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Paint Power / Blog

How To Choose the Right Wood Stain

It takes one bad decision to learn an important lesson about wood: The wrong stain can ruin it. For me, that lesson came with the deck my dad built on our house when I was in high school. After a couple weekends of construction, he turned things over to the family. We picked a stain, something called cottage gray that must have reminded us of houses we’d rented on beach vacations. Maybe we thought it’d be a constant reminder to relax. It was a poor choice. The gray clashed with the red brick of the house. Selfishly, my dad wasn’t willing to rebuild the deck, so we tried to cover it with a dark brown. That worked, in that it looked . . . fine. For some reason it was only at this point that we looked over at our neighbors’ deck and saw what we should have done: a simple, clear wood finish. The grain showed through. Knots and subtle flaws highlighted the character. Unlike ours, their deck looked good.

Since then, I’ve never liked to cover wood with any kind of stain. For me, the best way to finish even moderately attractive wood is with oil and wax. It’s not durable enough for a kitchen table, but an oil finish is perfect for a bookcase, chair, or chest of drawers. When you have something beautiful, you don’t want to cover it up.

 

 

IDENTIFY YOUR WOOD

The more porous the wood, the tougher your job will be. A ring-porous hardwood such as oak will take the oil, but you won’t get any shine. The oil is absorbed too deep. You’ll have much better results with maple, cherry, or birch, which have tighter grains.

SAND

You need to start with an even, level surface. Also, sanding the wood fibers gives you a consistent amount of porosity, which means your finish will be more consistent, too. You already know this, but it bears repeating: Move from coarse sandpaper to fine. Typically you want to start with 120-grit. As you move up, don’t skip more than one grade. You can go from 120 to 160, but 120 to 220 can allow scratch marks to show through. If you’re hand-sanding, go with the grain. A random-orbit oscillating sander will save you a lot of time, but you’ll need to do one pass afterward with a sanding block in the direction of the grain to get rid of any possible swirls (Fig. 1). When you finish with 220-grit sandpaper, blow off the sawdust with an air compressor and you’re ready to add the oil.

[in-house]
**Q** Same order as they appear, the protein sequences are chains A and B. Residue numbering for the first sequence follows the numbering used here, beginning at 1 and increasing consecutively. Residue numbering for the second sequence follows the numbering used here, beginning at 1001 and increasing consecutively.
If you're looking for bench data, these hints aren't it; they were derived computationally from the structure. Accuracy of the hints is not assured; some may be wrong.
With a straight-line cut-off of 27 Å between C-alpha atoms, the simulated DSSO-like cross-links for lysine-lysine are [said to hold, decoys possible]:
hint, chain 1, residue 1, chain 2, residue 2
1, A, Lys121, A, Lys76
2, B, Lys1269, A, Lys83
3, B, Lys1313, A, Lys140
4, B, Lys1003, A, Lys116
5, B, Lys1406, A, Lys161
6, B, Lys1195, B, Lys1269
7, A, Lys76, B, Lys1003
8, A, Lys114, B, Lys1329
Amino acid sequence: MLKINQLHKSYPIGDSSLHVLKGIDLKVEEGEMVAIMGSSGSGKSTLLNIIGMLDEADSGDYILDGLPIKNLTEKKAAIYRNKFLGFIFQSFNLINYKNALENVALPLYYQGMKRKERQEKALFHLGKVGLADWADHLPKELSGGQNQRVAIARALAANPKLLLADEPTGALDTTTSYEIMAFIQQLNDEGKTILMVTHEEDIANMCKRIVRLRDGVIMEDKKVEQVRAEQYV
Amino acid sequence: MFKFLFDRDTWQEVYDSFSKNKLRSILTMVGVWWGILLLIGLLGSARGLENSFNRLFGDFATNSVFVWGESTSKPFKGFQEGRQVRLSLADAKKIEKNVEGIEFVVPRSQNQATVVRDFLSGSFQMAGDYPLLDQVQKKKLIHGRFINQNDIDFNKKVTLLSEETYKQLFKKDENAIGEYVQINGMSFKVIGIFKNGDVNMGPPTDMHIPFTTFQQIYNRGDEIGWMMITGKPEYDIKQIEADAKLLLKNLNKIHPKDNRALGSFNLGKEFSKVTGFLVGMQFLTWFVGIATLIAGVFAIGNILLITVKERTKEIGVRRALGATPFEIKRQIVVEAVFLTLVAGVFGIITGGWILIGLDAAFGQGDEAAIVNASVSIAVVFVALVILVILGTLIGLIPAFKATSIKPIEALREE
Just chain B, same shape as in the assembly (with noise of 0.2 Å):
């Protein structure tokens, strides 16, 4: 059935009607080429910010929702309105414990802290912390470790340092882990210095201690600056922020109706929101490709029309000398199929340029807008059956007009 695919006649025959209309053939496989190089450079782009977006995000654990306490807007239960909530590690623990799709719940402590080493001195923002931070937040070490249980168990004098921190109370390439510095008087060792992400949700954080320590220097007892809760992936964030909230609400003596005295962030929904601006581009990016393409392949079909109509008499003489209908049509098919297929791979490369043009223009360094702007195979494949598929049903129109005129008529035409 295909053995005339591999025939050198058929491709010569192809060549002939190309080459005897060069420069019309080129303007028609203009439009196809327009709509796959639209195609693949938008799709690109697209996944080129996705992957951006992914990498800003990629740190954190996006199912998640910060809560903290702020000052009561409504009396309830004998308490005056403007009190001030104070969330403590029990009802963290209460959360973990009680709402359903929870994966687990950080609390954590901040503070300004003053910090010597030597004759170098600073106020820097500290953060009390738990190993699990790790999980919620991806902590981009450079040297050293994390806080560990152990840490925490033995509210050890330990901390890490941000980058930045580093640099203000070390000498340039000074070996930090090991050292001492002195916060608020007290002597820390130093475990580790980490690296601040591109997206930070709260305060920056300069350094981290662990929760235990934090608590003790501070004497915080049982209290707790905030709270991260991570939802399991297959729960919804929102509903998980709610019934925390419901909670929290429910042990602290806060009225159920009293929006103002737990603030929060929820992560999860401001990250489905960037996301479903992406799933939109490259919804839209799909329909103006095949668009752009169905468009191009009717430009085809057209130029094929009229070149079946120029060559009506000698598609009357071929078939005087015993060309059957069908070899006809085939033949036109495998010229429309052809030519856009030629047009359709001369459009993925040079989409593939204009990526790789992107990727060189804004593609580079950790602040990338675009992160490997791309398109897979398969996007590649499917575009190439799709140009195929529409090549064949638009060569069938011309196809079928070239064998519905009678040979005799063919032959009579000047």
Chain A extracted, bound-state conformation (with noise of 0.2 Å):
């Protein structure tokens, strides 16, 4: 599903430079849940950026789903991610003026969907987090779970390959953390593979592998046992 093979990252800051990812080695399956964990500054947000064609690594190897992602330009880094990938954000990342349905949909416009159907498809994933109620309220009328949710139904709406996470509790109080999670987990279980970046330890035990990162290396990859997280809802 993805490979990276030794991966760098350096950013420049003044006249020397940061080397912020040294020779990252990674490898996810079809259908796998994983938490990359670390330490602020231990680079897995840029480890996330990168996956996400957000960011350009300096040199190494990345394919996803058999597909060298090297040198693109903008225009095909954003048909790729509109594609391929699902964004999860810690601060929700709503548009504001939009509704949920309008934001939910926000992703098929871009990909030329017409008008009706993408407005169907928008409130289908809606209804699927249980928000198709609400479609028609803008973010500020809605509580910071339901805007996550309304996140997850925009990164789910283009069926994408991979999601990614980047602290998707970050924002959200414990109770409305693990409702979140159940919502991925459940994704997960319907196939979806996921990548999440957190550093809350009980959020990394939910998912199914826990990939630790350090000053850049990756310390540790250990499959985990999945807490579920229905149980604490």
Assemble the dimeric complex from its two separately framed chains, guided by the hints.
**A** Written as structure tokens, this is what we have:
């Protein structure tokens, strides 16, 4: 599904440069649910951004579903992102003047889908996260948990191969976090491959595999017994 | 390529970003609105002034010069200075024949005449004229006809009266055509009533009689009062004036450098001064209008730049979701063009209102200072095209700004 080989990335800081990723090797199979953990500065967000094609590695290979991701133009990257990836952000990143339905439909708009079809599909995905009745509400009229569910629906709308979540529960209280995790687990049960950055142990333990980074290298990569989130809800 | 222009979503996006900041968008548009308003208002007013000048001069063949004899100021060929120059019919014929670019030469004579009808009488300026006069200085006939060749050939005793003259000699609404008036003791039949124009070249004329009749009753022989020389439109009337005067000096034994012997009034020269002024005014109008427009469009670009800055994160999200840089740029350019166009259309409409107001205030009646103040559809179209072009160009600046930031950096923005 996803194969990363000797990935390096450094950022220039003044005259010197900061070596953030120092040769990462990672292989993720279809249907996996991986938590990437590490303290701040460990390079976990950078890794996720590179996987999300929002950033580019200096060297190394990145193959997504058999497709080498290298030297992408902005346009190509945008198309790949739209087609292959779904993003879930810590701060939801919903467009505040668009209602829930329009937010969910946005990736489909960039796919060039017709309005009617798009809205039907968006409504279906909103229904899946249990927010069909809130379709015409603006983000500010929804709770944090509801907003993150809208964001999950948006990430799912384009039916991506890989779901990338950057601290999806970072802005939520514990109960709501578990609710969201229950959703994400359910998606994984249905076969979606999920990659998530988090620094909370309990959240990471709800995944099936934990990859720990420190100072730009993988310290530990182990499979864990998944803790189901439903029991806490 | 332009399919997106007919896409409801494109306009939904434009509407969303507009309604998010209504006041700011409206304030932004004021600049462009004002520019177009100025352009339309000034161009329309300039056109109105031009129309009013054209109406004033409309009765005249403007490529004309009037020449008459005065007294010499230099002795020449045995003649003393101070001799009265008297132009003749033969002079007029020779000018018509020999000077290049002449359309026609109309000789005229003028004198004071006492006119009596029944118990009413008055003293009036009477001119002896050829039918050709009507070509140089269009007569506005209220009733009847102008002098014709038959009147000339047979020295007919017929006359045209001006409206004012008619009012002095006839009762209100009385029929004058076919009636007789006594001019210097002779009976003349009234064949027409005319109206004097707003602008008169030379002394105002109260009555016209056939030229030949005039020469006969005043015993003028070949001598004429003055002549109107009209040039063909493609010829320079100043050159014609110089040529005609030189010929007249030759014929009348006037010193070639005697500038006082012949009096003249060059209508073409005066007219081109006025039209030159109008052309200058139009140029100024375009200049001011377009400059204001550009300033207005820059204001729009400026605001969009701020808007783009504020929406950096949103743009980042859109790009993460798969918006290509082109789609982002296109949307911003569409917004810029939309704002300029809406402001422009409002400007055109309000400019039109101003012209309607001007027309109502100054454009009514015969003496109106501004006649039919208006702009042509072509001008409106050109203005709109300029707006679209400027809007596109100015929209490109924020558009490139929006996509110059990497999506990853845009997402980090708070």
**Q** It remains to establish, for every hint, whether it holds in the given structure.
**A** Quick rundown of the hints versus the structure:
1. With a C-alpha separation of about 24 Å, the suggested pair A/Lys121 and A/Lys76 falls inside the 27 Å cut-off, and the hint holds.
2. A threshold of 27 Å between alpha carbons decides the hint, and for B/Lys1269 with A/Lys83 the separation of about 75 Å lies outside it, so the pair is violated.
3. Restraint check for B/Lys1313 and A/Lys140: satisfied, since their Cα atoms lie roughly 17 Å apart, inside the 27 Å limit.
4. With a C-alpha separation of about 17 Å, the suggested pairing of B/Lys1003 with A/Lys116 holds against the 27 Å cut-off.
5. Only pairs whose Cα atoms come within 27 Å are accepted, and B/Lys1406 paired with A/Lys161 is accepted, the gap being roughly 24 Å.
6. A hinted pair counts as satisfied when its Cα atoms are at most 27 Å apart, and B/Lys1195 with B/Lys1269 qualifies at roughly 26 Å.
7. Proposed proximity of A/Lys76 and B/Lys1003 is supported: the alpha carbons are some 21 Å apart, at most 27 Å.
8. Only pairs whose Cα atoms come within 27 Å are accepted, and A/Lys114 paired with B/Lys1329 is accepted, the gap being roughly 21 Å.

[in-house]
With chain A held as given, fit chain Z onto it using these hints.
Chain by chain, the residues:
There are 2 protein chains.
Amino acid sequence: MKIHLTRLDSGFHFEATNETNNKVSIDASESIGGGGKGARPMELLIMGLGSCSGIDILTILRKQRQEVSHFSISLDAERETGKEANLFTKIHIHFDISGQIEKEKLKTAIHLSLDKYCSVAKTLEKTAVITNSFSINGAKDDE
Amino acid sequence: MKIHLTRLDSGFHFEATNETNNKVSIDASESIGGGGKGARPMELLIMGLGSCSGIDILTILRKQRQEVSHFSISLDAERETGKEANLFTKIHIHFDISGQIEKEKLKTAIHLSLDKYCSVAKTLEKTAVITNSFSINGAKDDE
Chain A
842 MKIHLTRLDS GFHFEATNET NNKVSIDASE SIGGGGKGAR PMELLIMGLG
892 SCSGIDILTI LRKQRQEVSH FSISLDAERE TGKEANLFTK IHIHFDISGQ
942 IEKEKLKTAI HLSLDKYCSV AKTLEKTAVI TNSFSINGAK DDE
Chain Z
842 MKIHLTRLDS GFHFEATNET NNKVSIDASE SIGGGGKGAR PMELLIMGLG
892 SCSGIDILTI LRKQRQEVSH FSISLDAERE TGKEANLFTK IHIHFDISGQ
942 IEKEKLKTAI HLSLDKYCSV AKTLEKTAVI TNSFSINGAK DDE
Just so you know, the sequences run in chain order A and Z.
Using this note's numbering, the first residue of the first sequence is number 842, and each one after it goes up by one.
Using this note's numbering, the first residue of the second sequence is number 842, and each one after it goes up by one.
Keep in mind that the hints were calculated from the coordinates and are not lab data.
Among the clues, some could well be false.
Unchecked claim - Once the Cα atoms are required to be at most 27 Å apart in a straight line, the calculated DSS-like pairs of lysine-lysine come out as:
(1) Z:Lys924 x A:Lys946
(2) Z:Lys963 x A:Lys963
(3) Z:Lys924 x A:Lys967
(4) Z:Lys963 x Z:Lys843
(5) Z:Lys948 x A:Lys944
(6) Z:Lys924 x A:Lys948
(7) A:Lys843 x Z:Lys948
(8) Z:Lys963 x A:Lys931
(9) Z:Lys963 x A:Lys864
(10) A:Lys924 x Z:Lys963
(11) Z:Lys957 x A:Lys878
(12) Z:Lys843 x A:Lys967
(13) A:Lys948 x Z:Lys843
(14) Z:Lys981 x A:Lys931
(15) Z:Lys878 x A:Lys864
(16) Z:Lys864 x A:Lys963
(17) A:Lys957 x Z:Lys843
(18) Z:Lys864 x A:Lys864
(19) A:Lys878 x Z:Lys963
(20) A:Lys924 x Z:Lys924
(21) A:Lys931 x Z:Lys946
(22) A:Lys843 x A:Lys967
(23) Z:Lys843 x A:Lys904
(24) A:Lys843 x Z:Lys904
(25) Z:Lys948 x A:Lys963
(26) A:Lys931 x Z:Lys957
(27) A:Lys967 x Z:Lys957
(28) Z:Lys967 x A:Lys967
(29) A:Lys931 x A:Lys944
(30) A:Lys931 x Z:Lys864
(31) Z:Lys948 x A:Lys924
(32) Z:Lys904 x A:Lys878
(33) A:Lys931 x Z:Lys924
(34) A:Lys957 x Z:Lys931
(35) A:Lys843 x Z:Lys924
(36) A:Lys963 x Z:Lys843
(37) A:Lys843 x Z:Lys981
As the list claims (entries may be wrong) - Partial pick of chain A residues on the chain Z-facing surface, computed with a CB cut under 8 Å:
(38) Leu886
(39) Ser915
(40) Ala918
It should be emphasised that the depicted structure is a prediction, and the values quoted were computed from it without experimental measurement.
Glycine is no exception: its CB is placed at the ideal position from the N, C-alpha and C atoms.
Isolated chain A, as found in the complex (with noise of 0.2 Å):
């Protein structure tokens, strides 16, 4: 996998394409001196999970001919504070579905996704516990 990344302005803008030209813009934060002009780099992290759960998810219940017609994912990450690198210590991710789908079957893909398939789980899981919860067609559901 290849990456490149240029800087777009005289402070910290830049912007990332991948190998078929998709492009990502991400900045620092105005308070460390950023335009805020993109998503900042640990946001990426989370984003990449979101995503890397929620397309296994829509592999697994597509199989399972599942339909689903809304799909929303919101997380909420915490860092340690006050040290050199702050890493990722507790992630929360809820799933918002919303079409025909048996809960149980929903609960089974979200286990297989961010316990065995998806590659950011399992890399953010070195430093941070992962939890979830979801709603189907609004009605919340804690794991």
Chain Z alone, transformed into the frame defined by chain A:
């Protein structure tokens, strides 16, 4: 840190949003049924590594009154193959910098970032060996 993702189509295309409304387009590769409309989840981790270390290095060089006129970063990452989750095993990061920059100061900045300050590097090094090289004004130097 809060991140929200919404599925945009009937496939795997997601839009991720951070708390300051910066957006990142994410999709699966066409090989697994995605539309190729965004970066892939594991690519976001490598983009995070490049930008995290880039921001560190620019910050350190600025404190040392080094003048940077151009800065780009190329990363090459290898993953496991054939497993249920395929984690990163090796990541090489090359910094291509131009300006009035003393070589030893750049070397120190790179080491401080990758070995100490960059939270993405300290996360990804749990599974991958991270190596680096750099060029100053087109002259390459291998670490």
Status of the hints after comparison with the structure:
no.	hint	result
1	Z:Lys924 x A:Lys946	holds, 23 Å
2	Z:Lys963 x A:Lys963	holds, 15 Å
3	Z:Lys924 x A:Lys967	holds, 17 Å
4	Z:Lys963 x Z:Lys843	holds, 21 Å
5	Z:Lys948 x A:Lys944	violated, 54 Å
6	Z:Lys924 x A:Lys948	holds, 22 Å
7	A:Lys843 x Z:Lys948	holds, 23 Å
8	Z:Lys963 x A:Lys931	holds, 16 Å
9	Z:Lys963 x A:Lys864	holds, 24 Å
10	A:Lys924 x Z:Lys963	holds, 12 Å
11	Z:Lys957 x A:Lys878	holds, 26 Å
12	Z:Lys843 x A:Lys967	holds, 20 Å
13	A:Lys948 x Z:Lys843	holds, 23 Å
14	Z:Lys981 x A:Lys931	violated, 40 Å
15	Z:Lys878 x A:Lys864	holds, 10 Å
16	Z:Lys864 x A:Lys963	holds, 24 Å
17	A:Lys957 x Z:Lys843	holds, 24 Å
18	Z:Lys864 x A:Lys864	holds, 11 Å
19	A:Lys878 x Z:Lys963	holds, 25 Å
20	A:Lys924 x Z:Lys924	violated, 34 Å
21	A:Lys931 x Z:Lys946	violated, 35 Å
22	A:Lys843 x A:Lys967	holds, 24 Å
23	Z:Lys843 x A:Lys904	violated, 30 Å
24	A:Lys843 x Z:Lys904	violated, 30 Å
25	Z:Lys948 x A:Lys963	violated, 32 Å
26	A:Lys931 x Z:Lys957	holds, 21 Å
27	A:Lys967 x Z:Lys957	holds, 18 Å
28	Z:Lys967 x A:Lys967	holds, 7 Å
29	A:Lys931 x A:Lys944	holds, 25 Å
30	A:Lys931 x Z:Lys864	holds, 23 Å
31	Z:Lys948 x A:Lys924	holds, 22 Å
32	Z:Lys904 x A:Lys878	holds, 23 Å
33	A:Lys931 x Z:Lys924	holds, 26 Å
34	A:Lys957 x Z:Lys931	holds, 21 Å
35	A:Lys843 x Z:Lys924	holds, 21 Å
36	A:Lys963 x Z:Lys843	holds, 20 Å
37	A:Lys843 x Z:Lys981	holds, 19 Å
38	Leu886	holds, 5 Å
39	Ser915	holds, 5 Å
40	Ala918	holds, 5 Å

APPLY THE OIL

There are many types of oil finishes. Mineral oil doesn’t cost much, maybe $8 for a bottle that will easily coat the entire table. Apply it liberally with a cloth. (Don’t skip on the quality of cloth. Cheaper options will pill, and those little bits of fabric are a headache to get off. You might even want to run them through the wash once to be extra sure.) After the wood is saturated, any extra oil can be easily wiped off. At the end of the process you’ll have a deeper color and a satin gloss.

Tung oil is another option. Unlike mineral oil, it dries with a slight sheen, and it is much more water resistant.

 

 

Or there’s Watco Danish oil (Fig. 2). It has a little varnish in it, so you get the look of oil with the protection of a polyurethane. You can control the level of shine by adding more coats. Watco isn’t absorbed rapidly, so give it a day between coats to dry. If you add another, go over the surface with a superfine sandpaper (1200-grit) to give the next coat some texture to hold on to. Just remember: The more gloss you add, the easier it will be to see any imperfections in the surface of the wood.

LET IT DRY

This part is easy: Leave the wood alone. A week should be plenty.

WAX THE WOOD

 

Wax adds some protection to furniture and increases moisture repellency, but it tends to wear away. Depending on use, you’ll want to reapply it every few months. Paste waxes come in different viscosities. Less viscous options will saturate a cloth easily, making them good for applications over moldings. Slightly thicker versions require fewer coats. Apply a thin layer of wax with a soft, lint-free cotton cloth (Fig. 3). Let the wax dry for a few minutes, then use a clean cloth to buff it to a shine. Like tung or Danish oil, the more layers of wax you add, the more protection and shine you’ll get. If the piece you’re working on has any kind of molding or tight, angular spaces, apply the wax with a cloth, then even it out with a shoe brush. Buff it with a clean cloth and brush it again with a horsehair brush.

Source:http://www.popularmechanics.com

 

In this section, Paint Power brings you all kinds of resourceful tips, DIY tricks and tutorials to help you make things simple. Thinking about making renovations to a larger scale? You can count on us.